Tuesday, April 13, 2010

Do YOU Know Where I Am?

I have lived in six countries so far, and travelled to many more, but the country where I currently live, Azerbaijan, is the one that gets the most blank looks when I mention it to people. It seems that very few Westerners know where Azerbaijan is located. Do you know where it is?


Baku is the capital city. It lies on the western shore of the Caspian Sea, and it is a huge oil producing region. It is one of the fifteen former republics of the USSR. To the north of Azerbaijan is Russia; to the south is Iran; northwest is Georgia, west is Armenia; and southwest is Turkey.

The majority of cititzens here are Muslims, though it is not so hard-line as many such countries, probably due to Soviet influence. Official languages are Azeri and Russian, but many young people are studying English these days.

The city needs some work to fix some of its issues - grime, crazy drivers, decaying infrastructure, and insane prices - but it can be nice, too. It has never felt dangerous to me, and it can be surprisingly colorful in places.

One pet peeve my family has here, though, is that they don't have normal (by Western standards) parks. Their idea of parks here is that they are places to admire, not places to play and relax. Therefore, I cannot take my kids to a park and play on grass. Grass is not to be walked on! My poor sons so miss going out to play soccer or baseball in the park.

Not far from Baku is a fascinating place called Gobustan. It has thousands of petroglyphs from around 10,000 B.C. That's right, around twelve thousand years ago. In the same area is also a piece of writing carved in stone done by the Roman 12th legion. This is the farthest east that Roman legionary writing has been found.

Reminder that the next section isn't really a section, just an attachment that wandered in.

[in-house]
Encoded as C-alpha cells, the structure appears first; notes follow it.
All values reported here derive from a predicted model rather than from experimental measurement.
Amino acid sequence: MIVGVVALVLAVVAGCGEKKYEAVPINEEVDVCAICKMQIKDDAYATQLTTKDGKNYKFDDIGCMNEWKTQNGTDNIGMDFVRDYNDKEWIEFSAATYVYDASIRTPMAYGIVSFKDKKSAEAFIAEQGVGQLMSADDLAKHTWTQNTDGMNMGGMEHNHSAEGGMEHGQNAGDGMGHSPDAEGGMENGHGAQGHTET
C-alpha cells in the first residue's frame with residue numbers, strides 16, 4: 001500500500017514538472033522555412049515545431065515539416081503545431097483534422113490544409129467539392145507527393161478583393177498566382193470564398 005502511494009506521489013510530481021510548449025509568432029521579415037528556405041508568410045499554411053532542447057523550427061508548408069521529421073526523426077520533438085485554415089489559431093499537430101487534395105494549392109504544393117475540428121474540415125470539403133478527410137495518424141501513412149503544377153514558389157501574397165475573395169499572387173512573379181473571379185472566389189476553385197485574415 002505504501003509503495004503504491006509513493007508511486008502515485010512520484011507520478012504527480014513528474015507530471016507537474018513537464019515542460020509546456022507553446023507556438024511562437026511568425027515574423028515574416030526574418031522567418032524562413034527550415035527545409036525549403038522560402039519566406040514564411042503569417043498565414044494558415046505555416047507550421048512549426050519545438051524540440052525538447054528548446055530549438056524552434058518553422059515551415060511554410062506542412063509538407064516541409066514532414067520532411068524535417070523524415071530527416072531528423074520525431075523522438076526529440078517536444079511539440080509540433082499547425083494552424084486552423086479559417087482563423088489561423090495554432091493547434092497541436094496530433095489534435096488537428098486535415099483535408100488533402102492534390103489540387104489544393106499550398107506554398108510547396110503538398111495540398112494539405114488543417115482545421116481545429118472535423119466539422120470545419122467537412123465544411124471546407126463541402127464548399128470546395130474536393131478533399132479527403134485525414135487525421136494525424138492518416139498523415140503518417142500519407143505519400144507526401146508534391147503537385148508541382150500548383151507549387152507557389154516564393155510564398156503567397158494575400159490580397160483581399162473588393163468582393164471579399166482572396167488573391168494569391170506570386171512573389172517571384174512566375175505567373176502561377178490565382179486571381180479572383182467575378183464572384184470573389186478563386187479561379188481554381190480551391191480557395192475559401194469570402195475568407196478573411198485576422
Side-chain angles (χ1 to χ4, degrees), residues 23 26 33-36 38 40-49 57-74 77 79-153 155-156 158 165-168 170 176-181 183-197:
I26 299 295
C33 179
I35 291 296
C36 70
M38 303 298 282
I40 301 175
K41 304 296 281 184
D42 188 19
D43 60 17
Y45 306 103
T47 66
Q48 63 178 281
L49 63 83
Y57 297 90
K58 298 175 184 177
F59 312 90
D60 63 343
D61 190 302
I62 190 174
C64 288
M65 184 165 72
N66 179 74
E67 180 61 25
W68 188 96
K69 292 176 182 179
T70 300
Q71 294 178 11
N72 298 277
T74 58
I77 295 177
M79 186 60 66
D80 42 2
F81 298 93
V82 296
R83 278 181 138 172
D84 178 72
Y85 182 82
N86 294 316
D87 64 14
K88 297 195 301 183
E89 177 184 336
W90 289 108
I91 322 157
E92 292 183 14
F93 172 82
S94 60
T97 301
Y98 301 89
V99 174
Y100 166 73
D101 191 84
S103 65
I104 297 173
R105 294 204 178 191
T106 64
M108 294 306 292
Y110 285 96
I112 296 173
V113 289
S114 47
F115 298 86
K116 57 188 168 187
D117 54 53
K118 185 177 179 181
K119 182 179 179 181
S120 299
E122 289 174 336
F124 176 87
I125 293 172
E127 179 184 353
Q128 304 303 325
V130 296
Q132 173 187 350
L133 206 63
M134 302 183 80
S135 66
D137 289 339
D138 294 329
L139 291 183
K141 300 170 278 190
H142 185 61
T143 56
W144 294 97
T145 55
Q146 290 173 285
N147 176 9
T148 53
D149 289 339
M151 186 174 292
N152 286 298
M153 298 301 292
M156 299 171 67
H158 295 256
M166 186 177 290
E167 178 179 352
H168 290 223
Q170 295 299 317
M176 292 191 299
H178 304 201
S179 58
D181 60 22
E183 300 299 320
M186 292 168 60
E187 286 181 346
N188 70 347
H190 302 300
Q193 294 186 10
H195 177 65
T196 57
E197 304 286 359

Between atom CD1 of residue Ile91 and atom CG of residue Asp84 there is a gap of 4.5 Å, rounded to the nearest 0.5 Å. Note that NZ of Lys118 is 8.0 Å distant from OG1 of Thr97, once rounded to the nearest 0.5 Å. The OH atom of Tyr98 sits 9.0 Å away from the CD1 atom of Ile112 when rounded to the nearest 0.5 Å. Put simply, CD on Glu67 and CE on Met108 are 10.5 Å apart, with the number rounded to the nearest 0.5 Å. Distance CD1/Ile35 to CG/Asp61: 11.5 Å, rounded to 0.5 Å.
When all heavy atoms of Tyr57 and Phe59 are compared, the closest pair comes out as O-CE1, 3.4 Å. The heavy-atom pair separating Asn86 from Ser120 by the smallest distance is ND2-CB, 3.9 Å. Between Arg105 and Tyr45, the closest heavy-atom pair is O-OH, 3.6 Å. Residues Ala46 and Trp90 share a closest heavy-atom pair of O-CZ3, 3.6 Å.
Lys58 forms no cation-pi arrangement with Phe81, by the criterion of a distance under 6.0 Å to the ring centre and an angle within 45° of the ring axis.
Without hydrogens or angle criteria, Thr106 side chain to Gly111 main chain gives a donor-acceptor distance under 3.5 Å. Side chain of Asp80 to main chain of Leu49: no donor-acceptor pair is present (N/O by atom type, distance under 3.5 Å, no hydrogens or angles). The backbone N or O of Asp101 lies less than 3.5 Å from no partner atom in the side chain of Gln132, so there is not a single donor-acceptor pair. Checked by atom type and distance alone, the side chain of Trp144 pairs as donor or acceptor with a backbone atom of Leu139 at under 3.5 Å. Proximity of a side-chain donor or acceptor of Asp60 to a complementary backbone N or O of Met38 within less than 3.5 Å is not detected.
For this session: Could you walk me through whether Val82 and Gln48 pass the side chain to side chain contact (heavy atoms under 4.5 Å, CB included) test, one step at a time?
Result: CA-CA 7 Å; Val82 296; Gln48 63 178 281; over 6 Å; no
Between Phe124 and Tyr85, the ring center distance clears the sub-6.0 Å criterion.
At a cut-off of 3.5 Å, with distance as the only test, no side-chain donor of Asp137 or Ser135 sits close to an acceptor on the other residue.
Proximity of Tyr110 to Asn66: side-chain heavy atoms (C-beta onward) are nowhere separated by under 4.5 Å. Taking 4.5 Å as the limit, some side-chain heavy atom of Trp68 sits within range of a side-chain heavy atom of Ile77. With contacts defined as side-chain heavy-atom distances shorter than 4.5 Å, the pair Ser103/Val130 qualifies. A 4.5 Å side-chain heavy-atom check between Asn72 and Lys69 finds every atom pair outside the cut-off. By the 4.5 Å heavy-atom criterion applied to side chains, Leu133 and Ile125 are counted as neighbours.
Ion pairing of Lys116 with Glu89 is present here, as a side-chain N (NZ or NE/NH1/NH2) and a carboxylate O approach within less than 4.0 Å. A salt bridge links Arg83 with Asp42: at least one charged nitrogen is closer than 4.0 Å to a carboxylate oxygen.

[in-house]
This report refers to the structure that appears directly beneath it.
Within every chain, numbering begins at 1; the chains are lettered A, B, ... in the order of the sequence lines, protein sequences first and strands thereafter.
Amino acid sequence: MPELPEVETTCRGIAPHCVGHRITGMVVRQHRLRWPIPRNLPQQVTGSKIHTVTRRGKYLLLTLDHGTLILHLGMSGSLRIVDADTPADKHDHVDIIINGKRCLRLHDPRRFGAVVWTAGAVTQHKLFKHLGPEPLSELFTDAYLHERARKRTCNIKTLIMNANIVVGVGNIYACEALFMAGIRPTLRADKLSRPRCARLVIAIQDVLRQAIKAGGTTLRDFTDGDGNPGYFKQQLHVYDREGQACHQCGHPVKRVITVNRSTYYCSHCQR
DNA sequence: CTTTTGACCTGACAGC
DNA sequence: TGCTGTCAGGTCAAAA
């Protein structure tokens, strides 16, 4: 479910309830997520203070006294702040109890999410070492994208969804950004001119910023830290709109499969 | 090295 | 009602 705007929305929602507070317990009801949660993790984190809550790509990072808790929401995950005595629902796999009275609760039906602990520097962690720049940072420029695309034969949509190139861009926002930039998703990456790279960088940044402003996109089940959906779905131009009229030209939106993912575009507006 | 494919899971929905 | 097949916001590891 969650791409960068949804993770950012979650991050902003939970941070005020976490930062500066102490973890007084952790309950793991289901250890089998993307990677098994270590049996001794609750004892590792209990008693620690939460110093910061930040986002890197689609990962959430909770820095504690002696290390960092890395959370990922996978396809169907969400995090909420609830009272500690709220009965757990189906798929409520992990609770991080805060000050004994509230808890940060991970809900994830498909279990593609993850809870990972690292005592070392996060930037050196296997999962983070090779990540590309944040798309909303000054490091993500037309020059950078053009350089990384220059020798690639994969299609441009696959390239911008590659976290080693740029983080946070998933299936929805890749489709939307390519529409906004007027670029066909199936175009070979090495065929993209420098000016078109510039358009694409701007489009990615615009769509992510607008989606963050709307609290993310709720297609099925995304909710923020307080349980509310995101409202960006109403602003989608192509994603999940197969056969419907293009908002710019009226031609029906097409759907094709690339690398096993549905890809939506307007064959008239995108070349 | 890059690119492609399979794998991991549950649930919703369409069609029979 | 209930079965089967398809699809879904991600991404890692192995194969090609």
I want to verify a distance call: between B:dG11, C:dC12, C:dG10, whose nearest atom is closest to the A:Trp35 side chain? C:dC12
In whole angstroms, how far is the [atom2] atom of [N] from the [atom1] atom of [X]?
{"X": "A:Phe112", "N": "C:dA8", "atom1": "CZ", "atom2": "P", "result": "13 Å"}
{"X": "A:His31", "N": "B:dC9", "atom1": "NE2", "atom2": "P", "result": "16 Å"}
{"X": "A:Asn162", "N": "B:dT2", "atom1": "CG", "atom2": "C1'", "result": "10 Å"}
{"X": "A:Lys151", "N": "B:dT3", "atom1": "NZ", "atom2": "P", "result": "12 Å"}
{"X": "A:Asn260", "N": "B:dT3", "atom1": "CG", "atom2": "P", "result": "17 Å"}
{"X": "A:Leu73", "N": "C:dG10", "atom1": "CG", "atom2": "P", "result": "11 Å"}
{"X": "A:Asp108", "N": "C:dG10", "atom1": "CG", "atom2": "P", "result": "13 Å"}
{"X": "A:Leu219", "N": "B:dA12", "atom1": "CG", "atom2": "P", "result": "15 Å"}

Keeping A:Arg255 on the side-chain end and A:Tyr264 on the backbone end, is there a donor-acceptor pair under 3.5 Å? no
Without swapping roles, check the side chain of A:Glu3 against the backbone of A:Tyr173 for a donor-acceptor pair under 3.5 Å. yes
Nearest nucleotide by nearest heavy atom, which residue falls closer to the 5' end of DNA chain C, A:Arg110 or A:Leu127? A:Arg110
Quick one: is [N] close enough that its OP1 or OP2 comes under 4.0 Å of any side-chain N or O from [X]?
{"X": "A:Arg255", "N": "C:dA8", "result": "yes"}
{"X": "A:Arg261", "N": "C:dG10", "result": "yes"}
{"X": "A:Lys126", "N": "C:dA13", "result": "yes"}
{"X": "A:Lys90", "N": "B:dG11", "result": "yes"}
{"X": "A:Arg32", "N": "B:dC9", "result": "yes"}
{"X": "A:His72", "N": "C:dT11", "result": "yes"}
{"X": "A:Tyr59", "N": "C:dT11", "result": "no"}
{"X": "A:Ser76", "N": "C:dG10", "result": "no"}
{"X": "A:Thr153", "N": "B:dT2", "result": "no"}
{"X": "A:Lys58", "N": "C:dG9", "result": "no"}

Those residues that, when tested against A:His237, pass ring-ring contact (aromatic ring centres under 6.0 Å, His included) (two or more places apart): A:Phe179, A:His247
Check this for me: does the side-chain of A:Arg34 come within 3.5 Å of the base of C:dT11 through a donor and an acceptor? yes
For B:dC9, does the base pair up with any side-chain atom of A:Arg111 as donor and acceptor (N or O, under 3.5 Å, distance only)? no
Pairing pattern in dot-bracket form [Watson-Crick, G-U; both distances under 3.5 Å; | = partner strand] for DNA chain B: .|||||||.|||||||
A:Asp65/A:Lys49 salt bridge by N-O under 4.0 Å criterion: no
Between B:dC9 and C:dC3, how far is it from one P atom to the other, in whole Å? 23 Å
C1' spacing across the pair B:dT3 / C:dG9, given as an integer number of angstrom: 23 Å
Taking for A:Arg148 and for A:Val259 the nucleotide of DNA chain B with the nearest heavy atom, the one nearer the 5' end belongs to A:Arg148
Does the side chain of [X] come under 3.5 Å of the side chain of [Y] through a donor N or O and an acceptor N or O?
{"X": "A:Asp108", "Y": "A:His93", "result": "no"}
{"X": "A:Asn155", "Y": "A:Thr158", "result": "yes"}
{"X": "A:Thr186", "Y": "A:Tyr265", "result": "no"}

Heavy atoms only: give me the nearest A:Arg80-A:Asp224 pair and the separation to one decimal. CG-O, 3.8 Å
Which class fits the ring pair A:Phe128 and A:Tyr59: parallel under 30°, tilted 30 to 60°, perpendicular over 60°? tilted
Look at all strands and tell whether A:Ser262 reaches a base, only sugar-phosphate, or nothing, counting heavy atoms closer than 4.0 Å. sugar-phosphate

Here is an example of petroglyphs at Gobustan.
Also near Baku are mud volcanos and a fire mountain, where natural gas is seeping from a hillside and has caught fire, thus the 'mountain' burns at all times.

The most famous person born in Baku may depend on one's point-of-view, but to me it is clearly former world chess champion Gary Kasparov. He was born here, though he is actually Armenian/Jewish.


I'll finish with a photo of the most famous landmark in Baku. It is called the Maiden Tower. The main part of it was constructed in the 12th century, though its foundation may go back to the Sasanids. There are conflicting stories for how it got its name. Some say a maiden threw herself from the top of the tower. Others say it has never been taken by force. Anyhow, the photo doesn't quite do justice to how tall it is.

I enjoy living in well-known countries (China, Russia, Iceland, Croatia), but it is also fun to get a chance to live in a country that few know much about.

6 comments:

  1. What a cool and exotic place you're in Ted, thanks so much for sharing about it (especially the photos and the about the petroglyphs).

    The QQQE

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  2. Yeah, when writing about writing I don't often get to use photos. I mean, I suppose I could, but it feels contrived rather than natural.

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  3. Very cool history lesson. One of the things I love about the world is all the little tidbits each place can boast about that has only happened in that place. Often stuff you might never think about, like the farthest east location for Roman legionary writing.

    Your kids might miss playing in the parks, and if they're normal kids, that might be all they care about now, but think of the experiences they will appreciate when they're grown up.

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  4. Thanks for the comments! I agree that there are very good things for the kids about living around the world. It will be tough for them to integrate into U.S. society when they return for college, though.

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  5. Thanks for the lesson! Geography is not my strong suit, which is surprising for someone who spends so little time on her own plan of existence....

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